BYU’s academic reputation ranks high


    By Kyle Thompson

    How does BYU rank among the best schools in the nation? It depends whom you ask.

    In the Sept. 11 issue of U.S. News and World Report, BYU was ranked in the second tier of national universities. Unofficially, BYU was rated number 78 in the nation. But things get a little confusing from there.

    BYU’s “academic reputation” was rated three point one on a scale of one to five.

    The University of Utah received a rating of three point two on the same scale.

    On the other hand, according to the Princeton Review, BYU’s academics rated 83 on a scale of one to 100.

    University of Utah was rated at 68.

    “The rating criteria differ, therefore they are all over the board,” Joseph Ogden of the Marriott School of Business said.

    The business school is arguably the university’s strongest program. It was ranked 38th in the nation by U.S. News and World Report, and received high marks from other guides.

    The current issue of Businessweek named BYU as the “quickest pay-back” for business students in the United States.

    Ogden said the business school’s success is part of a general trend at BYU.

    “We do very well, particularly with undergraduates. We attract top students from all over,” Ogden said.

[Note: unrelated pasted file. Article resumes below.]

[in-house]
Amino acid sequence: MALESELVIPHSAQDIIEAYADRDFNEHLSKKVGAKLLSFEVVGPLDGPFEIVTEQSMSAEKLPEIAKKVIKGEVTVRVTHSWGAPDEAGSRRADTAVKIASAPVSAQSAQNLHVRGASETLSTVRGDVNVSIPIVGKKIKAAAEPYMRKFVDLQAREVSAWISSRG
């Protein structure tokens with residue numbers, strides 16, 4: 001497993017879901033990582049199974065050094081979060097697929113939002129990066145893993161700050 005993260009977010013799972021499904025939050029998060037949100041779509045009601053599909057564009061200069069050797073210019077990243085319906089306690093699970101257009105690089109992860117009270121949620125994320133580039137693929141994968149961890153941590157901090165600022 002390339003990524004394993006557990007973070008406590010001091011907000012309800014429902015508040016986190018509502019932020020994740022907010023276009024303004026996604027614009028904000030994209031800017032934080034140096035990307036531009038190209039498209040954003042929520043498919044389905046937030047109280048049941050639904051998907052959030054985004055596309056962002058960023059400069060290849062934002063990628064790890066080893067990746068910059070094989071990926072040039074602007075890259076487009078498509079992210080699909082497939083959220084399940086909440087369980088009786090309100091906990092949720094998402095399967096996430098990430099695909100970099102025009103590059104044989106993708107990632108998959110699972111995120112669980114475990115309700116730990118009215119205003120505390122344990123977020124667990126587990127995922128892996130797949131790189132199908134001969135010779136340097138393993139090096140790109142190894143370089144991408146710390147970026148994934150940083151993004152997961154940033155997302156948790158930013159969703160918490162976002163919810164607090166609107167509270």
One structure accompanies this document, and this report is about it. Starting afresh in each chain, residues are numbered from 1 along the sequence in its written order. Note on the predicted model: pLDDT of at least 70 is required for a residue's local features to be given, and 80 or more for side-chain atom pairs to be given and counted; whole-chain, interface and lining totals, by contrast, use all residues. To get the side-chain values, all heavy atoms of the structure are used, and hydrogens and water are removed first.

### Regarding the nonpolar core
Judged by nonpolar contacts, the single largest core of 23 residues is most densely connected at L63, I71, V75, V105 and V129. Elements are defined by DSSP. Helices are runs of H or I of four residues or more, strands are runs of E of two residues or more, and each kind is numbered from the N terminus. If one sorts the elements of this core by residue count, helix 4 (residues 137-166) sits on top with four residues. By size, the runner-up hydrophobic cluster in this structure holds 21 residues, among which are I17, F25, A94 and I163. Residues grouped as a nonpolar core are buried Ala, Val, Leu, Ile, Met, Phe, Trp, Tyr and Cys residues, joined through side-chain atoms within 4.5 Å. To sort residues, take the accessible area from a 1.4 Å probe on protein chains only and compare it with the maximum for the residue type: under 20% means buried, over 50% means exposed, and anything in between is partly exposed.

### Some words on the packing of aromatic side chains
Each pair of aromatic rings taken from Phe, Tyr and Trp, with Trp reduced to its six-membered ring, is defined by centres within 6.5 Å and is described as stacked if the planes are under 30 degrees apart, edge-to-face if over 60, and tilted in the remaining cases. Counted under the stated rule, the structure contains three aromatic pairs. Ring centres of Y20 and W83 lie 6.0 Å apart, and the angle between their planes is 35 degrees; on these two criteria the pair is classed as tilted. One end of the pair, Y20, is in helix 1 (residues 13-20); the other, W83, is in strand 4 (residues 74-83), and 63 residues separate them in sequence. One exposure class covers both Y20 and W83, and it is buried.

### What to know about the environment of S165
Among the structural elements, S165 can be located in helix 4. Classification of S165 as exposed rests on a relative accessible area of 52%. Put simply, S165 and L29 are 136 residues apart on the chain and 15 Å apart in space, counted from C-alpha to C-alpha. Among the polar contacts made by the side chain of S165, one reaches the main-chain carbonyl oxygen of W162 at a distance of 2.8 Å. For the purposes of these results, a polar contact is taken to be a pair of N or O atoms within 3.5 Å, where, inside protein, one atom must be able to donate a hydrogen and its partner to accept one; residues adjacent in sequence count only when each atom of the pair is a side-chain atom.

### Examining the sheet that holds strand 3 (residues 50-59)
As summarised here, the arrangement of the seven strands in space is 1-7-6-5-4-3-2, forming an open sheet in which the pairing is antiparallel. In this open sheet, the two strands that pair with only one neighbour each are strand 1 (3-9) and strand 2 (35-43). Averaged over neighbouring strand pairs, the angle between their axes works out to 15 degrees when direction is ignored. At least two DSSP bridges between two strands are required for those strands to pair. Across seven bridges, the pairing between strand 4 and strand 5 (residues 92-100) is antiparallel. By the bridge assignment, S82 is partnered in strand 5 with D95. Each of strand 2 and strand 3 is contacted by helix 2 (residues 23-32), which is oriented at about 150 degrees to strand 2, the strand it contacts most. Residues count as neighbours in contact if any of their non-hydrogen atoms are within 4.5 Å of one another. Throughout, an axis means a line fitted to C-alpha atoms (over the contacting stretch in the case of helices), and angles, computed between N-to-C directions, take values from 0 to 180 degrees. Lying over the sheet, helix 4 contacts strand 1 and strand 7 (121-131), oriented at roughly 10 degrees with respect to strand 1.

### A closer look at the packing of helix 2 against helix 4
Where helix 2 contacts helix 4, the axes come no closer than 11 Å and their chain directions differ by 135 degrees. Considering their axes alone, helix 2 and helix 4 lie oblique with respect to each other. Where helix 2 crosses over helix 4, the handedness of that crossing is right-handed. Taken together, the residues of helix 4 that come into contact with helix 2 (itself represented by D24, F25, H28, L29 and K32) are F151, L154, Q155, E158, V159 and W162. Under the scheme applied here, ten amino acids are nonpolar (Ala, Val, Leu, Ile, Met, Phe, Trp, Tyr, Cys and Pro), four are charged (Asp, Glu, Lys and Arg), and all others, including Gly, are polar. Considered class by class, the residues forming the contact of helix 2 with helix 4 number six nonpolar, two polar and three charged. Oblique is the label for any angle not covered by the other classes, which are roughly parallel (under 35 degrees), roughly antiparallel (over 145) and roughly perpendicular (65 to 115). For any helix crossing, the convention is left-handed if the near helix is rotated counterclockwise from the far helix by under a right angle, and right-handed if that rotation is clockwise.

Increasing diversity at BYU can only help the university, both on campus and in popular opinion, Ogden said.

    Despite the success of the business school, some things are holding BYU back in college guide ratings.

    College guides such as The Princeton Review often spend as much time reviewing BYU’s unique social environment as they do on academics.

    “I don’t think that negatively impacts us with our target students, but it certainly differentiates us from the hundreds of other schools out there,” Ogden said.

    Andrew Allen, a BYU freshman majoring in international relations, said he feels BYU is shortchanged when social life is stressed over academics.

    One surprising BYU ranking in the U.S. News report was the percent of alumni giving donations to the school.

    “We’re not rated high,” said BYU Director of Annual Giving Linda Palmer.

    “We’re rated at 21 percent, but schools like Harvard and Yale are nearer 30 to 50 percent,” Palmer said.

    The rate of alumni donations plays a major role in the ranking of schools, Palmer said. It is considered a reflection of students’ satisfaction with the school they attended.

    Palmer said the satisfaction rating of former BYU students is in the 90th percentile.

    Palmer called the current rate “commendable,” but said there is room for improvement.

    The fact that The Church of Jesus Christ of Latter-day Saints subsidizes approximately 70 percent of each student’s education may have something to do with low alumni giving, Palmer said.

    But it is a misconception that LDS tithing funds and student tuition can cover all the university’s costs, Palmer said.

    “We need those donations,” she said.

    Shauna Petersen, a BYU senior from Roscoe, Ill., said there might be another reason that BYU alumni are giving back at a lower rate.

    “My parents are both alumni, and they are already putting me through school,” she said.

    Regardless of rankings, Ogden and Palmer said they are optimistic about the future of the university.

    “I think this is an exciting time for BYU. We’re starting to be recognized by the world,” Ogden said.

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